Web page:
German leader to embark on African visit

Chancellor Angela Merkel travels to Africa on Wednesday with the message that Germany is keen to step up cooperation with the continent to help combat poverty and disease.

The chancellor’s trip to Ethiopia, South Africa and Liberia from October 3 to 7 will focus on economic development, social issues and business ties, but she will also raise touchy political subjects.

German officials said she will bring up the question of human rights, good governance and appeal to South Africa to do more to help its neighbour Zimbabwe overcome its “massive deficits” in democracy.

Germany is helping Portugal host and European Union-Africa summit in December that Merkel is determined to attend, even if British Prime Minister Gordon Brown goes ahead with a threat to boycott the gathering if Zimbabwe’s autocratic President Robert Mugabe is present.

The chancellor will spend three days in South Africa, conferring with President Thabo Mbeki as well as his predecessor, Nobel Peace Prize-winner Nelson Mandela, and opposition leader Helen Zille.

Trade between the two countries amounted to €9,2-billion in 2006, with Germany exporting twice as much as it imported. About 500 German companies are active in South Africa.

The chancellor, whose country is current president of the Group of Eight rich industrial nations, will also visit a hospital treating Aids-infected children and tour a biodiversity project.

The Biota project near Cape Town examines changes in biodiversity in Namibia and South Africa—part of the sub-Saharan region expected to be worst affected by climate change, mainly through increased drought and flooding.

Merkel is accompanied on her visit by a 21-member business delegation, Economic Development Minister Heidemarie Wieczorek-Zeul and Oliver Bierhoff, manager of the German football team.

Bierhoff will join the chancellor on a tour of the revamped Soccer City stadium in Soweto, where the opening game and the final of the 2010 Soccer World Cup will be played.

The stadium visit will be closely watched, given the concerns about South Africa’s preparedness for the tournament, especially in relation to its transport infrastructure.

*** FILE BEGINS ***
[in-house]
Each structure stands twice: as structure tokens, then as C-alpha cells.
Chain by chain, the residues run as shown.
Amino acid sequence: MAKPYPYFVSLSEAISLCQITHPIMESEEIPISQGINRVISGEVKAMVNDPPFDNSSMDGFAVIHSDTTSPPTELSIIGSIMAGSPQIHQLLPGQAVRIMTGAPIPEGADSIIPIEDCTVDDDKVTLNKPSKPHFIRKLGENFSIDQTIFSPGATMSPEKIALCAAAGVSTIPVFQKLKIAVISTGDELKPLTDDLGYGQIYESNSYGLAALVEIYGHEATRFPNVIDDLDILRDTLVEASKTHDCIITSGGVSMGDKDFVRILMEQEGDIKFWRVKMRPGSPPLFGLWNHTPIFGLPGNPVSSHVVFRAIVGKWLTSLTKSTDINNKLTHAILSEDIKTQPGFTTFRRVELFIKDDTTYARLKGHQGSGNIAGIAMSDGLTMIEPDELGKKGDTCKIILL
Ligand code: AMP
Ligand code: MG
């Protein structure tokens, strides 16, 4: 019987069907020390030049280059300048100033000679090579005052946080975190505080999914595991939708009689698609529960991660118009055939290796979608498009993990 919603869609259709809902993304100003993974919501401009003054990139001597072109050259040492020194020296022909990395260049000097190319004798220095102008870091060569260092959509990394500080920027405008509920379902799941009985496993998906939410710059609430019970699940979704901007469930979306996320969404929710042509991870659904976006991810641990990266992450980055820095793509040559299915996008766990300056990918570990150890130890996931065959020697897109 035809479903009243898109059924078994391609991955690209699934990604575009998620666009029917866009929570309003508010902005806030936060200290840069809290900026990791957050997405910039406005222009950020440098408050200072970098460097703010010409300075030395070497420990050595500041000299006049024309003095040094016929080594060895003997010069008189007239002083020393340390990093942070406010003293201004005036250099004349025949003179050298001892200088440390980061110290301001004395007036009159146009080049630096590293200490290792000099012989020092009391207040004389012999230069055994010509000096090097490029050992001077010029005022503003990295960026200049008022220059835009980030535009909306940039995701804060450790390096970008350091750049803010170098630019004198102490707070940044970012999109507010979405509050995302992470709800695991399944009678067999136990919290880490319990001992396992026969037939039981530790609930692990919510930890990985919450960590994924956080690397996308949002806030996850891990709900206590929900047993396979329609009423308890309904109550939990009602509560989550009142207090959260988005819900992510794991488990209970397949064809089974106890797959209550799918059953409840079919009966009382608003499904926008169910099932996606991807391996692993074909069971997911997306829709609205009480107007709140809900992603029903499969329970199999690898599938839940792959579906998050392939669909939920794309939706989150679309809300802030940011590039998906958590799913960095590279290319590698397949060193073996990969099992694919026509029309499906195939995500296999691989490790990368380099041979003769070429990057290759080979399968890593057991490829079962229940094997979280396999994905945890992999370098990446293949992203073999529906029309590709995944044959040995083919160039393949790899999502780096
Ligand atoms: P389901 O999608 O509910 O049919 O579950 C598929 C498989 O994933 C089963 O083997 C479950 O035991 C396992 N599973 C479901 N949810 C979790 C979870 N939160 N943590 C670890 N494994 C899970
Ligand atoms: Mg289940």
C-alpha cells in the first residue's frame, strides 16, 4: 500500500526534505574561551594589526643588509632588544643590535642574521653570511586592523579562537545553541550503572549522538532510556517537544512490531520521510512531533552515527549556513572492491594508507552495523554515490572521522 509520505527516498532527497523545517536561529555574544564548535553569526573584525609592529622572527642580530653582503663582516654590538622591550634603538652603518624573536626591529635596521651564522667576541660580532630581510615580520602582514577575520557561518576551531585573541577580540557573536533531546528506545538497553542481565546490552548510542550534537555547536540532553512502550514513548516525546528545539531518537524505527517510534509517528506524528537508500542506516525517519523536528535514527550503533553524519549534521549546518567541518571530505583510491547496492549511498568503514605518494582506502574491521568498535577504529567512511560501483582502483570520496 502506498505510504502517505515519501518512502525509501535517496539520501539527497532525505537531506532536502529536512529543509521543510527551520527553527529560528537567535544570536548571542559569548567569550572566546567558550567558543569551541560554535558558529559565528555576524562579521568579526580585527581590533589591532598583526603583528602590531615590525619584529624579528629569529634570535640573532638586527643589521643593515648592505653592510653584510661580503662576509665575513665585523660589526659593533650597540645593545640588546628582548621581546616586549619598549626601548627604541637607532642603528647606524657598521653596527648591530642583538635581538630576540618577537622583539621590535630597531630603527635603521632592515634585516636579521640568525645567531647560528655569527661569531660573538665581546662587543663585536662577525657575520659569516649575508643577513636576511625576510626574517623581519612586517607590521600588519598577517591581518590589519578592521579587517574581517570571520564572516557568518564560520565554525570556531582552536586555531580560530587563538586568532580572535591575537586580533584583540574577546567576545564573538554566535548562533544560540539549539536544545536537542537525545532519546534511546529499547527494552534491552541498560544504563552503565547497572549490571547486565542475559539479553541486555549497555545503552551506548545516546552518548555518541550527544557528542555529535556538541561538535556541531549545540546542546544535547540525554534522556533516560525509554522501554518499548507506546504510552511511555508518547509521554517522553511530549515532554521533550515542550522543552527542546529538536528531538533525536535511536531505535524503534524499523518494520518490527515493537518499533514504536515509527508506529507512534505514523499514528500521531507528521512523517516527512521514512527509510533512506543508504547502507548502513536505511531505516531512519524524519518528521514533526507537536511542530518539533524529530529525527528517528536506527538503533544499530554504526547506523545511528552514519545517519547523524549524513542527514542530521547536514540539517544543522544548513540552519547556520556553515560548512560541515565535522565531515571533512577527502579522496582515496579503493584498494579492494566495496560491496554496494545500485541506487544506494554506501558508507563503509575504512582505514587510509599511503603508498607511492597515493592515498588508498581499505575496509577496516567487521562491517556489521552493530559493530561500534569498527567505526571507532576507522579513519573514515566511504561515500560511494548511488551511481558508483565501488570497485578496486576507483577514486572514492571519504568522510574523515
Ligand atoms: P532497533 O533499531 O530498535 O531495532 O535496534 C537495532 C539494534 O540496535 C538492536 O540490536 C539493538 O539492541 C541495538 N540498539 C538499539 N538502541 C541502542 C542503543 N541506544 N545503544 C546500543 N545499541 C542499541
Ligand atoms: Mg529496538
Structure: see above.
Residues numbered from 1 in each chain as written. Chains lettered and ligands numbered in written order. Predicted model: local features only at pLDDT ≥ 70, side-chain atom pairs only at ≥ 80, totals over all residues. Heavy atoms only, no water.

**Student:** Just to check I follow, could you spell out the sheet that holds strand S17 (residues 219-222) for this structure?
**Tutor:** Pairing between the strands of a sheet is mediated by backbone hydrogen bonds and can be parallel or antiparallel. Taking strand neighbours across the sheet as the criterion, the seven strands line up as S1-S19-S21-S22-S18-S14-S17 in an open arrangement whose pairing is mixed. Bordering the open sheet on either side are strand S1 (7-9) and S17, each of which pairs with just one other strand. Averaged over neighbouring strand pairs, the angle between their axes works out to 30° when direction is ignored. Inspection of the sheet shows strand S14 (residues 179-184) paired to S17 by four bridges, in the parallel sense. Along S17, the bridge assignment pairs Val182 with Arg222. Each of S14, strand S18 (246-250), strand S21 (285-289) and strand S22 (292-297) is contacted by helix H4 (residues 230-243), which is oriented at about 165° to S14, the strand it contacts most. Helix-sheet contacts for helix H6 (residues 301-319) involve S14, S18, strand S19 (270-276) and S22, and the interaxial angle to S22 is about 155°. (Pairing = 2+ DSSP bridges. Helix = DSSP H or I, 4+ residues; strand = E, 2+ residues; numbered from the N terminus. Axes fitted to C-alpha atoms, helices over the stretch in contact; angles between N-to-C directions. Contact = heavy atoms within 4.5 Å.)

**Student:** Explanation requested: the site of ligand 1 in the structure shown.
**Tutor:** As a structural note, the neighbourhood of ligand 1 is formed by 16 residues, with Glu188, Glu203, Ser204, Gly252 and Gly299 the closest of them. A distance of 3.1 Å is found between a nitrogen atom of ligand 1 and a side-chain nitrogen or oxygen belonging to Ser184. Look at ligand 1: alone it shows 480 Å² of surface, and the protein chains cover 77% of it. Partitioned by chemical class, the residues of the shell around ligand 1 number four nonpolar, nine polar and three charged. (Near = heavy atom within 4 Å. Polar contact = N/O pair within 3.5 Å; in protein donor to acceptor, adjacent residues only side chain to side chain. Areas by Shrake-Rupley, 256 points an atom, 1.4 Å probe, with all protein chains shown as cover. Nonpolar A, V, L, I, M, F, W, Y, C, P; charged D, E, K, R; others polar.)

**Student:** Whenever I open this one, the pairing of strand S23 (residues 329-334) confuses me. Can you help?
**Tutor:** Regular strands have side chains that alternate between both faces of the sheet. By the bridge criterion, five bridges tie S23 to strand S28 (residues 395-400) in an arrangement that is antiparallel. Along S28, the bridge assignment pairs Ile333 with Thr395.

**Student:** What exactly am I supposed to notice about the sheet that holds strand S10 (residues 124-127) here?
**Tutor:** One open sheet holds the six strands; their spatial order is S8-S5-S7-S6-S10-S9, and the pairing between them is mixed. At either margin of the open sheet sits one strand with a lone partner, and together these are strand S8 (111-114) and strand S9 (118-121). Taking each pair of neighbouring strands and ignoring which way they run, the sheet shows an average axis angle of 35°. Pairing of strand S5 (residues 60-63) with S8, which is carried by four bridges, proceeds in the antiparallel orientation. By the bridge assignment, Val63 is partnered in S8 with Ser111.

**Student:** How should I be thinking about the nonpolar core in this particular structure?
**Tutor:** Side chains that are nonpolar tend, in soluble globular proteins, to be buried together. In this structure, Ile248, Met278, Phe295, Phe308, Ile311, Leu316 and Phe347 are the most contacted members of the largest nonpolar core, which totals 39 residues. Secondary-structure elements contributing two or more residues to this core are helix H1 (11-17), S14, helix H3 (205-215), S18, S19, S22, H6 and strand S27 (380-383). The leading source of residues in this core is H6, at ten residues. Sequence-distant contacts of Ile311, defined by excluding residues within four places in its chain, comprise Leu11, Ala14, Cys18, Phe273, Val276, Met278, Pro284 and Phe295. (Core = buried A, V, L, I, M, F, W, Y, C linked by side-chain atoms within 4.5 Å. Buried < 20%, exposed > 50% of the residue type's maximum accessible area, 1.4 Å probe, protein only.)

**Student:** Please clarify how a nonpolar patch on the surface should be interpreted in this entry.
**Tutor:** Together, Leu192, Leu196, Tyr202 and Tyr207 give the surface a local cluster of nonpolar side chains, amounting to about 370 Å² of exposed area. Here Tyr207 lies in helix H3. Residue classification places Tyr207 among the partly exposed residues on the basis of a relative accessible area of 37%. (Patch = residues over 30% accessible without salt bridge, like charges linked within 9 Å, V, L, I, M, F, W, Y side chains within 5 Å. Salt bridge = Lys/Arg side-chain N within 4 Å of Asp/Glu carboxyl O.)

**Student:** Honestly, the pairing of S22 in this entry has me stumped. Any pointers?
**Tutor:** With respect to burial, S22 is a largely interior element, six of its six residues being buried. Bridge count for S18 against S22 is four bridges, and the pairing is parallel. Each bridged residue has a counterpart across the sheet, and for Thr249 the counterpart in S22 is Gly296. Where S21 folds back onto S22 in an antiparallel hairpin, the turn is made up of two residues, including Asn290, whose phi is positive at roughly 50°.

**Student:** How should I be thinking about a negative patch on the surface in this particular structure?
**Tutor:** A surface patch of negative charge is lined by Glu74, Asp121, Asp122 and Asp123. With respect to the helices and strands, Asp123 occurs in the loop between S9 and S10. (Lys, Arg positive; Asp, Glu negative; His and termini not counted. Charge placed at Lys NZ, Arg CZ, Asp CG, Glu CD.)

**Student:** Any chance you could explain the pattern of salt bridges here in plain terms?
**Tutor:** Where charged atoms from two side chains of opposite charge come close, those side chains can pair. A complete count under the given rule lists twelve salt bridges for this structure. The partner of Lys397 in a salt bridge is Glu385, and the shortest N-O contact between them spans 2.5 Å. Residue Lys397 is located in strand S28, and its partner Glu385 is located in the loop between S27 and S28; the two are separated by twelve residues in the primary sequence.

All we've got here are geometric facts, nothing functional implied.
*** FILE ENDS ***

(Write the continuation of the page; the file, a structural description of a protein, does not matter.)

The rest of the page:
In all three countries Merkel is visiting, China’s growing influence in Africa will be one of the subjects of her political talks, German officials said.

Some African leaders apparently fear an imbalance if Beijing continues its drive for the continent’s natural resources needed to fuel its rapidly expanding economy.

European countries have not lost ground in Africa because of Chinese activity but need to continue their well-established cooperation to ensure this does not happen in the future, German government sources said.

In Ethiopia, the first leg of Merkel’s trip, the chancellor will confer with Prime Minister Meles Zenawi, President Girma Woldegiorgis and visit a home for abused girls in the capital, Addis Ababa.

Talks are also planned with leaders of the African Union. She will also deliver a speech at the AU headquarters in Addis Ababa.

On the final leg of her tour, the chancellor travels to Monrovia for talks with Liberian President Ellen Johnson-Sirleaf, who impressed Merkel when she visited Germany for this year’s Group of Eight summit at Heiligendamm in June.

Merkel is expected to give her support to the Harvard-educated economist’s efforts to rebuild the West African country after years of civil war.—Sapa-dpa

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